Electricity in the Air

Trains of Thought

Some people look for the essence of America in baseball's spring training. I like to find it in college basketball. Over 200 teams, all with a fair chance to prove themselves the best squad in the country, all carrying the flags for thousands more who cannot be on the court with them.

It's the essence of democracy. It approaches religion at most of this country's major colleges. Here at Harvard, it's a passion for the selected few, and with reason: traditionally, Harvard men's basketball has been very bad.

Harvard has not won the Ivy League championship in the 90-odd years since the Ancient Eight was still modern. Not once. Never. While Pennsylvania and Princeton can spin tales of NCAA tournament glory, Harvard can but mutter in its beer. Understandably, this fosters a certain degree of apathy among potential fans, most of whom elect to throw their loyalties to other schools.

But for the diehards among us, all we ask for is a little excitement. Make it interesting. It's like the Red Sox: if you're gonna lose (which, let's face it, they are gonna do), do it with style. Panache. Verve. Joie de vivre, even. We'll forgive the lack of trophies.

Simply put, the last two versions of the Crimson have not been interesting. This one is. Without burly forward Ron Mitchell '92 or deadeye swingman Tyler Rullman '93 to carry the scoring load, Coach Frank Sullivan has no one left who can be relief upon to put the ball in the hoop. No one has the touch, the ability to create his own shot and expect it to fall.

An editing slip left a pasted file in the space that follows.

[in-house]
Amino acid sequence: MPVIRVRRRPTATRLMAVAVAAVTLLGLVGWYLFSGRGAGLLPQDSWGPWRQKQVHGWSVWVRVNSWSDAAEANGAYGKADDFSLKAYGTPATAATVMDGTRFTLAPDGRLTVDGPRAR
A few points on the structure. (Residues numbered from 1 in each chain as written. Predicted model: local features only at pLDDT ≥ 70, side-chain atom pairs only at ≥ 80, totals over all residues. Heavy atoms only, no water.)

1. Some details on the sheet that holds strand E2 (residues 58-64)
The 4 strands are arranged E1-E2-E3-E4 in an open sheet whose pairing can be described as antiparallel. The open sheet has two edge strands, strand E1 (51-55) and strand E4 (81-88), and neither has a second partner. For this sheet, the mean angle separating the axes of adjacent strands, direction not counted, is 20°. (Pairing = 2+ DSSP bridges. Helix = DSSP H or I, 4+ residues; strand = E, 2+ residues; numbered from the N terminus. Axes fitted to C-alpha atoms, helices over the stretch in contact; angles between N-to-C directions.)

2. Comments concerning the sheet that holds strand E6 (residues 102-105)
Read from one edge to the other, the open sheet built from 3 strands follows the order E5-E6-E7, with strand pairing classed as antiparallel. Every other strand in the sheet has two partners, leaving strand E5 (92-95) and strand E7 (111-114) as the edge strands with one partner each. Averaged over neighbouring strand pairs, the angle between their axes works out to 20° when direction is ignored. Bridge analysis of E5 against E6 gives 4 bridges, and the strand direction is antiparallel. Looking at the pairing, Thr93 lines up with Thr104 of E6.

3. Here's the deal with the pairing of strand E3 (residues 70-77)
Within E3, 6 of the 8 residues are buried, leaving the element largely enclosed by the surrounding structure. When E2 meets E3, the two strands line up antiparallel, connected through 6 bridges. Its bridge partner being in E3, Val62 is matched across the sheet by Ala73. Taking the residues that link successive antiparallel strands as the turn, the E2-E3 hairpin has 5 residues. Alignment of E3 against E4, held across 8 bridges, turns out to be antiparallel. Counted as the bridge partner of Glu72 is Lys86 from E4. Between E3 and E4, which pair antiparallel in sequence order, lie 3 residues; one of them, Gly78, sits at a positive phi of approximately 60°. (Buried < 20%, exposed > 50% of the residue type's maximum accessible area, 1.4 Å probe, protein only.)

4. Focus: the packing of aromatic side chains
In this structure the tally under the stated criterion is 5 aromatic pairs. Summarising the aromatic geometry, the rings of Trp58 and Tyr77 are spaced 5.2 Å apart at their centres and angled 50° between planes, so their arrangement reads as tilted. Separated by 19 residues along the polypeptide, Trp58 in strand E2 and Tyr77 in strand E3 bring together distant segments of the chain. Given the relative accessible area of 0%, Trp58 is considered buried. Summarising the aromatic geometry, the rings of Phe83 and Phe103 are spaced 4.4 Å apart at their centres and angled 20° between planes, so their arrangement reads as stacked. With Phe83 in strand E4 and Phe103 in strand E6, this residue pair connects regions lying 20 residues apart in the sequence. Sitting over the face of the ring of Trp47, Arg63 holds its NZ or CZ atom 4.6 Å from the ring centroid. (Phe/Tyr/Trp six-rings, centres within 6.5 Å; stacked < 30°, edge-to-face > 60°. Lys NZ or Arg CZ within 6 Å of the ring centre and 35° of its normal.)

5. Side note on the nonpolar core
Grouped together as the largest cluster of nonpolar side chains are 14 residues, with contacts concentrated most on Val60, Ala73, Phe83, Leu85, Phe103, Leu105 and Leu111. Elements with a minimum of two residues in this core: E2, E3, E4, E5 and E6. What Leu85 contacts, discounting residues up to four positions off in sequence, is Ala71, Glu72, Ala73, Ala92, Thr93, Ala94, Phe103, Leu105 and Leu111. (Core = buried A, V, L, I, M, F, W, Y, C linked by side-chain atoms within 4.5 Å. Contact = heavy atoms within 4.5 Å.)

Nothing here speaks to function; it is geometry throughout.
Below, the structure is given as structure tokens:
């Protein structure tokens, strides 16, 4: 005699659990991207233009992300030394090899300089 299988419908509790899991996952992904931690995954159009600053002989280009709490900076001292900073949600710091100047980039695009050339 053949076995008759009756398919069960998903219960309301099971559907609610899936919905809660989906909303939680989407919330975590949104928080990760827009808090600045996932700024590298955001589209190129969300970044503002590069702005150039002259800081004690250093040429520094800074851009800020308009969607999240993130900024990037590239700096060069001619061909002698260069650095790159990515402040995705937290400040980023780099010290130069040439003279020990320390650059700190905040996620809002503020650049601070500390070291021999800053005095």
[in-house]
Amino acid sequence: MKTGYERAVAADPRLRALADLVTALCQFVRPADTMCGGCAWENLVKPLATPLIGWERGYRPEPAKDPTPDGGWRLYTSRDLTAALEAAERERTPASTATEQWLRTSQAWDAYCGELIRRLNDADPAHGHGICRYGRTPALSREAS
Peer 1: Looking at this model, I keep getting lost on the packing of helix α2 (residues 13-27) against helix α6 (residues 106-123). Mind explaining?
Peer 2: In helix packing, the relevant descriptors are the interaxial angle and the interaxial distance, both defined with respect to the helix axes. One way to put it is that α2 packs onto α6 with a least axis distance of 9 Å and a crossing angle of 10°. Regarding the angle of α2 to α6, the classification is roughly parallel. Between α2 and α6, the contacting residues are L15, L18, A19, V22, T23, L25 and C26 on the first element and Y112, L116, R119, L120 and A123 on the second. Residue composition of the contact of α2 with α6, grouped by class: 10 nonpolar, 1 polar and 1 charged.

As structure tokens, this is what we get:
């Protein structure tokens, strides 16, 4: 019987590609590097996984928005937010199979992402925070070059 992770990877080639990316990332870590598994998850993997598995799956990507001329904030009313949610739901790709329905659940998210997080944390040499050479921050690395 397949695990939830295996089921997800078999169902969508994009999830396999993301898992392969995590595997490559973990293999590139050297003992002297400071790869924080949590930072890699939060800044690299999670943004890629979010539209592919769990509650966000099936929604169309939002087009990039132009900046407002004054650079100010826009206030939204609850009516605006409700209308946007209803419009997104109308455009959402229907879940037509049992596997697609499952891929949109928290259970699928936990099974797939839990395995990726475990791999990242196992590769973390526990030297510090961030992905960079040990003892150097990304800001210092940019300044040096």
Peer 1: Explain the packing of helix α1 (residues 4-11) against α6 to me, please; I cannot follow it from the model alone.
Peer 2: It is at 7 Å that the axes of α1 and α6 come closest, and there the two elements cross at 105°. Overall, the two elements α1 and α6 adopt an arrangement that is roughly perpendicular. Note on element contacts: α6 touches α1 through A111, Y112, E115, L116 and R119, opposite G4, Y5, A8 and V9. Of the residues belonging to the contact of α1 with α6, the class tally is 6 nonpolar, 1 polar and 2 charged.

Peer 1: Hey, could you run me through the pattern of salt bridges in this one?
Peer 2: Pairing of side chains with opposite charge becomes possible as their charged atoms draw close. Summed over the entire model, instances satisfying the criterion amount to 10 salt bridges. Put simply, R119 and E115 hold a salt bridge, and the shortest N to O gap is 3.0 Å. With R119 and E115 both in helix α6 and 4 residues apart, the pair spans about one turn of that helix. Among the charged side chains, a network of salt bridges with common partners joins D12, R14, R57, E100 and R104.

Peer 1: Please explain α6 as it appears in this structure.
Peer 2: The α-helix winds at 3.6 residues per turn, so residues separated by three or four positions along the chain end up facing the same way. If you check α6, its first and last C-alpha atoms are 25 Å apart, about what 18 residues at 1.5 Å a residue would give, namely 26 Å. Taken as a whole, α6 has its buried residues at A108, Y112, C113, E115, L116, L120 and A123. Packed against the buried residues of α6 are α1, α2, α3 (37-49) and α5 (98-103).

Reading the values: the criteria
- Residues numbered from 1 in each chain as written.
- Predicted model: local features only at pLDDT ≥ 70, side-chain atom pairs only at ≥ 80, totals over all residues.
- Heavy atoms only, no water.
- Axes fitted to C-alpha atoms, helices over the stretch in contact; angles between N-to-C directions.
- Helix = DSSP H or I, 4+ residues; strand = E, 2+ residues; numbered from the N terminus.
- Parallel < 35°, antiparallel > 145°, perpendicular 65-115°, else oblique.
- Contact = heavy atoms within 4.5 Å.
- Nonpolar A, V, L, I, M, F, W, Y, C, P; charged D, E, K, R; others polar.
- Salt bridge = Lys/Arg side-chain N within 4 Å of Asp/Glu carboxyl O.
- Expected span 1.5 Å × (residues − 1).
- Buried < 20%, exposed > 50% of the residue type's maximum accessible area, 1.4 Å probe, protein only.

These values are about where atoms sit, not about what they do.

It's a crapshoot every time point guard Tarik Campbell brings the ball up the floor, an electrifying uncertainty which crackles through every possession. Who will score? Who can score?

It's not even a question of spreading the points around. Not a very good offensive team, Harvard has to earn every single one of its baskets. In 45 minutes of basketball last night, Harvard managed just 70 points. The Crimson shot just 34 percent from the floor and 56 percent from the free-throw line.

And believe you me, there's no slowdown offense going on out there. Just near-desperation at getting the rock to fall.

"That's what we miss: the go-to-guy," Sullivan said. "I don't know if we even have one. Until we have somebody hitting those shots, we'll keep on looking. But we'll find him."

Without someone to take the clutch shot, chaos on the court is often the result.

Take this situation: With 16 seconds remaining in regulation last night, Harvard and Colgate were tied, 63-63. One basket, Harvard wins. It's that simple--but it really isn't. Last year, the play is for Rullman. The year before that, Mitchell. This year? See for yourself:

Campbell, using a combination of starts and stops that would make Barry Sanders proud, dodges his triple team, rockets across the halfcourt line and passes off to junior guard Jared Leake (1-for-8 that night). Leake fires the ball back to Campbell at the top of the key. Ten seconds left. The crowd is roaring. Campbell rifles the ball to junior forward Fred Scott (3-for-11), who is harassed in the corner. Sophomores Darren Rankin and Michael Gilmore cannot get free inside. Scott passes the ball back to Campbell. Five seconds. Campbell fiddles and diddles at the top of the key, then fires it back to Scott, who is open in the deep right corner for a three.

Scott fires the fall-away trey: a high, arcing shot that looks good. The buzzer sounds. The ball bounces off the rim and falls off.


Isn't that breathtaking? Both benches and the entire stands were on their feet, screaming encouragement. And while Scott firing the winning trey from the corner is not really Sullivan's dream setup, it was as good an option as anything else for this offensively-challenged squad.